- Although some of these provisions do not apply to detainees who are not POWs, a determination that GPW does not apply to al Qaeda and the Taliban eliminates any argument regarding the need for case-by-case determinations of POW status. It also holds open options for the future conflicts in which it may be more difficult to determine whether an enemy force as a whole meets the standard for POW status.
- By concluding that GPW does not apply to al Qaeda and the Taliban, we avoid foreclosing options for the future, particularly against nonstate actors.
- Substantially reduces the threat of domestic criminal prosecution under the War Crimes Act (18 U.S.C. 2441).
- That statute, enacted in 1996, prohibits the commission of a “war crime” by or against a U.S. person, including U.S. officials. “War crime” for these purposes is defined to include any grave breach of GPW or any violation of common Article 3 thereof (such as “outrages against personal dignity”). Some of these provisions apply (if the GPW applies) regardless of whether the individual being detained qualifies as a POW. Punishments for violations of Section 2441 include the death penalty. A determination that the GPW is not applicable to the Taliban would mean that Section 2441 would not apply to actions taken with respect to the Taliban.
- Adhering to your determination that GPW does not apply would guard effectively against misconstruction or misapplication of Section 2441 for several reasons.
- First, some of the language of the GPW is undefined (it prohibits, for example, “outrages upon personal dignity” and “inhuman treatment”), and it is difficult to predict with confidence what actions might be deemed to constitute violations of the relevant provisions of GPW.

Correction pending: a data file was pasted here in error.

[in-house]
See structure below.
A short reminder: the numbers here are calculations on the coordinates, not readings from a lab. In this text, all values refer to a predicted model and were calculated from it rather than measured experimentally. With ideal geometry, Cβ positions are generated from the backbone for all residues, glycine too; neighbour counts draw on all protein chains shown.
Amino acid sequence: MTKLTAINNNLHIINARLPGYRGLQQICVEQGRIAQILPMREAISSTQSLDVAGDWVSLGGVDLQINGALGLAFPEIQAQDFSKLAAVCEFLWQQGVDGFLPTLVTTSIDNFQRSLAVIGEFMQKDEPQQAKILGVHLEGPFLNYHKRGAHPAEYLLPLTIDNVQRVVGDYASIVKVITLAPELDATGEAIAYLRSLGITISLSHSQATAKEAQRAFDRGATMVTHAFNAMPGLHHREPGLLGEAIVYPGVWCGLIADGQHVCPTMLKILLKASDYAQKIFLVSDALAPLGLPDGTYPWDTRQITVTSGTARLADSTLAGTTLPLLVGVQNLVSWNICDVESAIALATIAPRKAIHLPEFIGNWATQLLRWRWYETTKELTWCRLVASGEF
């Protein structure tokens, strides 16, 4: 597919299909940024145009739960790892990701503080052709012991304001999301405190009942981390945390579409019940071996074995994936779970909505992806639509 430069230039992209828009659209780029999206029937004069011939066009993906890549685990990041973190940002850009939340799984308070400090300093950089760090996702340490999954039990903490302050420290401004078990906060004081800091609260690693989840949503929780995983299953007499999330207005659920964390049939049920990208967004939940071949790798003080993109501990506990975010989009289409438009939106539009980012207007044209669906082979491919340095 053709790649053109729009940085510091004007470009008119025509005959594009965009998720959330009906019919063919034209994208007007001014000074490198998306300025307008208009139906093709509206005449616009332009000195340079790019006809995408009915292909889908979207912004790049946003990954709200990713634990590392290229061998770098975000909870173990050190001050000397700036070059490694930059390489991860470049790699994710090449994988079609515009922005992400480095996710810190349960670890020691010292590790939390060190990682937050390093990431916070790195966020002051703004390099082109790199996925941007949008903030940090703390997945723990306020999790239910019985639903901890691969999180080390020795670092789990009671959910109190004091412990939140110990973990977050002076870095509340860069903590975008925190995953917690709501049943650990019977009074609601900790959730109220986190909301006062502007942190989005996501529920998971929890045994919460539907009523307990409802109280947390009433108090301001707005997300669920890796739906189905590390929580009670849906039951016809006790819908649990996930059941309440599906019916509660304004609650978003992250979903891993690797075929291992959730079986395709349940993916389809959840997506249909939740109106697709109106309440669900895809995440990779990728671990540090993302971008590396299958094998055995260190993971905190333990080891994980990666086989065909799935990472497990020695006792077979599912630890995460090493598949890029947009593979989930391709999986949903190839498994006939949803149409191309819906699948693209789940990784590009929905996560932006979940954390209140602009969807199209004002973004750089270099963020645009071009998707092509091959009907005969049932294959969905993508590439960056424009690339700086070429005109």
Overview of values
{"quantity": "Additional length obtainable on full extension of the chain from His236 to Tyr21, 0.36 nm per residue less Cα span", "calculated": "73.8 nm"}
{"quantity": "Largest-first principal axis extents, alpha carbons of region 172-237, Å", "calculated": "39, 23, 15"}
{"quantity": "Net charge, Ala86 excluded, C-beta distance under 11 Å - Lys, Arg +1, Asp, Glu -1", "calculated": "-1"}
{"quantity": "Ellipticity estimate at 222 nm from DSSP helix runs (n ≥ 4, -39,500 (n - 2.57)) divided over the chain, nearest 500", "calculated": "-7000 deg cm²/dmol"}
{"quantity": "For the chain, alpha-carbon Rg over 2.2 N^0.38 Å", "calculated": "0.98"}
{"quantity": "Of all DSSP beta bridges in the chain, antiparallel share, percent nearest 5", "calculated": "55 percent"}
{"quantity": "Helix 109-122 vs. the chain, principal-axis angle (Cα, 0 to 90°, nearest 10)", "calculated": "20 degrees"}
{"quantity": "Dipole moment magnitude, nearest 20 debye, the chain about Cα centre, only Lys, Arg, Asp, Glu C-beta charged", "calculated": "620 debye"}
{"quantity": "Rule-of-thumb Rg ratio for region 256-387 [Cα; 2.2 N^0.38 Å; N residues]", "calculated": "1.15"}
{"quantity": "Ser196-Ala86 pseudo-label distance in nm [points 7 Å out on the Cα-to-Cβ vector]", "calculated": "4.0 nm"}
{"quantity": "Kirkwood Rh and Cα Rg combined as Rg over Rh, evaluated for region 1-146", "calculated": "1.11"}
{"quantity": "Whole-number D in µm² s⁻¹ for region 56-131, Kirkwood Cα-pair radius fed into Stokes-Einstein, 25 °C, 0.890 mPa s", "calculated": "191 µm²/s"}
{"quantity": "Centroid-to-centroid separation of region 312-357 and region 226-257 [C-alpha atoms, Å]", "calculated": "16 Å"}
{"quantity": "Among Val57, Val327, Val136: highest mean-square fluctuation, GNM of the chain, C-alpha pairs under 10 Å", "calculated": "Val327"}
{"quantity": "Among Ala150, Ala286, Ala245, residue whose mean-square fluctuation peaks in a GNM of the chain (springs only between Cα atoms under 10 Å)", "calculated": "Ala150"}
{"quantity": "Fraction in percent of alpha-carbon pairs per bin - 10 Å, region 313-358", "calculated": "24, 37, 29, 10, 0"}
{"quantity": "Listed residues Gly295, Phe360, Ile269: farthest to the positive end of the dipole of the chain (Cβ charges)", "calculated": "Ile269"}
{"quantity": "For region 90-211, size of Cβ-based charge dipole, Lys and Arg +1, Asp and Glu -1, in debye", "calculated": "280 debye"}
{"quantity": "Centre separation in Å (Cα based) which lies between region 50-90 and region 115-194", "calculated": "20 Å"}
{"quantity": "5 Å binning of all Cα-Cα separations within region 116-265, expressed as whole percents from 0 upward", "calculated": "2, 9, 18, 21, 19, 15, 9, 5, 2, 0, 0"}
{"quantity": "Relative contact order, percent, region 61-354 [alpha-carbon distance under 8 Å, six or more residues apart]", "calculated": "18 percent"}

- Second, it is difficult to predict the needs and circumstances that could arise in the course of the war on terrorism.
- Third, it is difficult to predict the motives of prosecutors and independent counsels who may in the future decide to pursue unwarranted charges base on Section 2441. Your determination would create a reasonable basis in law that Section 2441 does not apply, which would provide a solid defense to any future prosecution.
On the other hand, the following arguments would support reconsideration and reversal of your decision that the GPW does not apply to either al Qaeda or the Taliban:
- Since the Geneva Conventions were concluded in 1949, the United States has never denied their applicability to either U.S. or opposing forces engaged in armed conflict, despite several opportunities to do so. During the last Bush Administration, the United States stated that it “has a policy of applying the Geneva Conventions of 1949 whenever armed hostilities occur with regular foreign armed forces, even if arguments could be made that the threshold standards for the applicability of the Conventions…are not met.”
- The United States could not invoke the GPW if enemy forces threatened to mistreat or mistreated U.S. or coalition forces captured during operations in Afghanistan, or if they denied Red Cross access or other POW privileges.
- The War Crimes Act could not be used against the enemy, although other criminal statutes and the customary law of war would still be available. • Our position would likely provoke widespread condemnation among our allies and in some domestic quarters, even if we make clear that we will comply with the core humanitarian principles of the treaty as a matter of policy.
- Concluding that the Geneva Convention does not apply may encourage other countries to look for technical “loopholes” in future conflicts to conclude that they are not bound by GPW either.
- Other countries may be less inclined to turn over terrorists or provide legal assistance to us if we do not recognize a legal obligation to comply with the GPW.